Remember, how the child views school is largely dependent upon how the parents and caregivers talk about and frame the experience. This is all new, after all, and the child may have many questions. It’s important to answer all of their questions to the best of your ability, reaffirming that the child’s emotions that may come along with these questions are valid and worthy of being taken seriously. By listening to our child’s questions and acknowledging their feelings, we create space for open dialogue about the unknown possibilities of schooling and can work together to make school feel like a safe and welcoming environment.
As with all separation steps, parents and caregivers should have a clear attitude toward starting school. However, it’s worth noting that by being clear we do not mean having a rigid or stern attitude… On the contrary, that kind of intensity may cause difficulties for the child, increasing feelings of anxiety or worry. Acknowledging that children are fully feeling human beings is so important as you navigate this kind of transition. One way you can encourage the child to express their emotions is by asking questions like, “I understand you don’t want to go to school. Sometimes it can feel scary. What are you afraid might happen?” In this way, you’re giving the child space to name their fears and from there you can strategize together about how to move through those feelings.
Starting school is a vital step in terms of both exploring the child’s boundaries and developing their own experiences and personality. By maintaining a clear and supportive attitude when dropping your child off at school, the child is more likely to feel understood and cared for if and when they experience any difficulties.
During the transition period, many children are worried about being dropped off at school in the morning and not being picked up again, or in other words being abandoned. You may hear distressing phrases like, “Please don’t leave me!” In order for the child to overcome this fear of abandonment, it’s important to communicate the routine of pick-up and drop-off in the morning beforehand. Saying things like, “Now, you have to go to school, but when school is over I will be waiting for you right here.” And then actually being in that spot when school is over can help reduce anxiety by creating an experience in the child’s mind that their parent or caregiver both leaves and yet comes back every time. As their worries diminish, they’ll begin to get excited about school, since it’s actually a place where they can socialize with their friends, play games, and satisfy their need to explore.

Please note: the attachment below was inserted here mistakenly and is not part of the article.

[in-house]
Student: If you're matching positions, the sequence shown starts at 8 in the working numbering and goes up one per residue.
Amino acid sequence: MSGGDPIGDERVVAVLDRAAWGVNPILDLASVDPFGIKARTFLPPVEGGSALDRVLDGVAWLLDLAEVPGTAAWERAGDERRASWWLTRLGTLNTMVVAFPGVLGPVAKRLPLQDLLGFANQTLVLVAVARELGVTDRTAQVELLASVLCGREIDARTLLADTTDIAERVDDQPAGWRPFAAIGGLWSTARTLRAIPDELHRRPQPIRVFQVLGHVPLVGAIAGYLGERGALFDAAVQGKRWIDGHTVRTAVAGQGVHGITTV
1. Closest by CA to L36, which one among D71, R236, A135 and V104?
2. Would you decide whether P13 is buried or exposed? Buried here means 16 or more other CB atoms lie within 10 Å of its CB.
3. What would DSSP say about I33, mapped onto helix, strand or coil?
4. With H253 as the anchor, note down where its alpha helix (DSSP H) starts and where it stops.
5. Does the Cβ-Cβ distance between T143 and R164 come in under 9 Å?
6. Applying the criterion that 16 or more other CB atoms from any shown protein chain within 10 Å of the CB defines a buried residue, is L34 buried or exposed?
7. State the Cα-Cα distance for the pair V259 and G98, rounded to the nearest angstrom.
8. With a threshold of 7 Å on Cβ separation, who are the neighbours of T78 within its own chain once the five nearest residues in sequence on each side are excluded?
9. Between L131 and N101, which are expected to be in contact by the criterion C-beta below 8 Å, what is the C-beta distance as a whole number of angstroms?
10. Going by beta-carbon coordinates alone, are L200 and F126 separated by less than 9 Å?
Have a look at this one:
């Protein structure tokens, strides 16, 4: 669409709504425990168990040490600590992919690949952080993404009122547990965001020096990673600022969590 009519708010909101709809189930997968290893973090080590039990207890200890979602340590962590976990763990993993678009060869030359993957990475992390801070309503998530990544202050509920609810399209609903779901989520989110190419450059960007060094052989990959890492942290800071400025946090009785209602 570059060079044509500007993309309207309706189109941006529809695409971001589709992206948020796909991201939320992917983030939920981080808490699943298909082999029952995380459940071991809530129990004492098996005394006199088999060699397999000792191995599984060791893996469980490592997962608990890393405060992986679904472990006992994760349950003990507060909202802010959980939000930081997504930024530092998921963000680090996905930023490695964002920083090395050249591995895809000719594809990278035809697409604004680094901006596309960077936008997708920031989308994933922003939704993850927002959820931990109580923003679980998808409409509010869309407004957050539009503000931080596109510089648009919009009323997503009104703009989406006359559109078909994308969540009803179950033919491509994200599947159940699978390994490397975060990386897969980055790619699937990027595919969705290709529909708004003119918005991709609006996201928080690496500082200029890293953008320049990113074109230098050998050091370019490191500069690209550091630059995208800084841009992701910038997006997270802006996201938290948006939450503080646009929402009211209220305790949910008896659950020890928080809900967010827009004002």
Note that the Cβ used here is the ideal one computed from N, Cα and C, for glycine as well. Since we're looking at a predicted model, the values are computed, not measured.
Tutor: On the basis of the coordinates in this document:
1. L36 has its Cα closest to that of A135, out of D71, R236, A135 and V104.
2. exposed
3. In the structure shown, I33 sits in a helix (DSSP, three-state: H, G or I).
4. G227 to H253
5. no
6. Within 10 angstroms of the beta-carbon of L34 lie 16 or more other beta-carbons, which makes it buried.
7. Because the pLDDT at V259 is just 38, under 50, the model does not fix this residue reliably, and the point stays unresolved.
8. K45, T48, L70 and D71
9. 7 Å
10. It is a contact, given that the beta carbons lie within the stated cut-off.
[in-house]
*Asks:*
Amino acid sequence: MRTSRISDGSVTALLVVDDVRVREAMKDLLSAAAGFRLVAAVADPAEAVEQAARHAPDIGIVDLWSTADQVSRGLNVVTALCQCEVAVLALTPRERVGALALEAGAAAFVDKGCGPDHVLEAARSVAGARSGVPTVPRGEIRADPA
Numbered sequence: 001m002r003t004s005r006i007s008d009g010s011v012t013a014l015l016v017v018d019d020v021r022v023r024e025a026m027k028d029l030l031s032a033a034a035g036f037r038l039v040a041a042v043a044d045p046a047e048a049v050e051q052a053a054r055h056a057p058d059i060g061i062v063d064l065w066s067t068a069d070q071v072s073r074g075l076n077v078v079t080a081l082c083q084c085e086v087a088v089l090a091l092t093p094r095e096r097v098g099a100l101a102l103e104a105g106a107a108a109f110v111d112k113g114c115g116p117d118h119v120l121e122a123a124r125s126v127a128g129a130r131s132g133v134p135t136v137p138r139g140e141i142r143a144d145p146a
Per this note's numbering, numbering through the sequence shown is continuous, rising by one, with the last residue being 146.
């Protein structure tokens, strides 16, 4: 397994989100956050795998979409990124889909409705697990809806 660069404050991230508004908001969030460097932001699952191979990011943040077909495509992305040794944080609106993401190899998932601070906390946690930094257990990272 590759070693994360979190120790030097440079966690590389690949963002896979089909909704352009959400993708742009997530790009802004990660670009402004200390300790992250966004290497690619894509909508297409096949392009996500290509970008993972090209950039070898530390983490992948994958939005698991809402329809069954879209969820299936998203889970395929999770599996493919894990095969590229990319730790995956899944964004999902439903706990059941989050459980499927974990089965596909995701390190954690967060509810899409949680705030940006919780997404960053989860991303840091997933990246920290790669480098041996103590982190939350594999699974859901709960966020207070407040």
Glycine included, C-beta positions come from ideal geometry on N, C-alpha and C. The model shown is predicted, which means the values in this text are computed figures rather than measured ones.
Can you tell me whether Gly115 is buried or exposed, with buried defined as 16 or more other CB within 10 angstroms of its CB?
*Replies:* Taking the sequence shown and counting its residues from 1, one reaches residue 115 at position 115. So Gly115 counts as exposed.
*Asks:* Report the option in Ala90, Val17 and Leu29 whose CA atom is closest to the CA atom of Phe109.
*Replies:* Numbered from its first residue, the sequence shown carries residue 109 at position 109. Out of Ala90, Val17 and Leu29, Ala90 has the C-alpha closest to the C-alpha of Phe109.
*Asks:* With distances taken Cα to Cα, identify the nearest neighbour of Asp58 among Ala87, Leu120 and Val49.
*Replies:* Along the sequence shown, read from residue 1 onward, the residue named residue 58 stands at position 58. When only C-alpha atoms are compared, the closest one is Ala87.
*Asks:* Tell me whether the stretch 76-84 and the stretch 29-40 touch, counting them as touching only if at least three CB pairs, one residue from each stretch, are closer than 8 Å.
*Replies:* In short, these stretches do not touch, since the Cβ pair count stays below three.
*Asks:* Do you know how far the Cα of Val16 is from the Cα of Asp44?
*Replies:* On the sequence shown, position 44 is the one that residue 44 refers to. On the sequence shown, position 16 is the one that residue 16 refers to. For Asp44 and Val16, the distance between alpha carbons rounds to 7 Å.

We know that the experiences during this period matter in many ways. In this process. which is challenging for all parties, children take the first steps toward socialization and learn to be in relationship with their peers. By developing their adaptive skills, they experience being part of a group as well as on their own. In short, the process of starting school lays the foundations of social skills that they’ll use throughout their lives. Thus, it’s critical that everyone involved enjoys this process as much as possible…
Translator: Ebru Peközer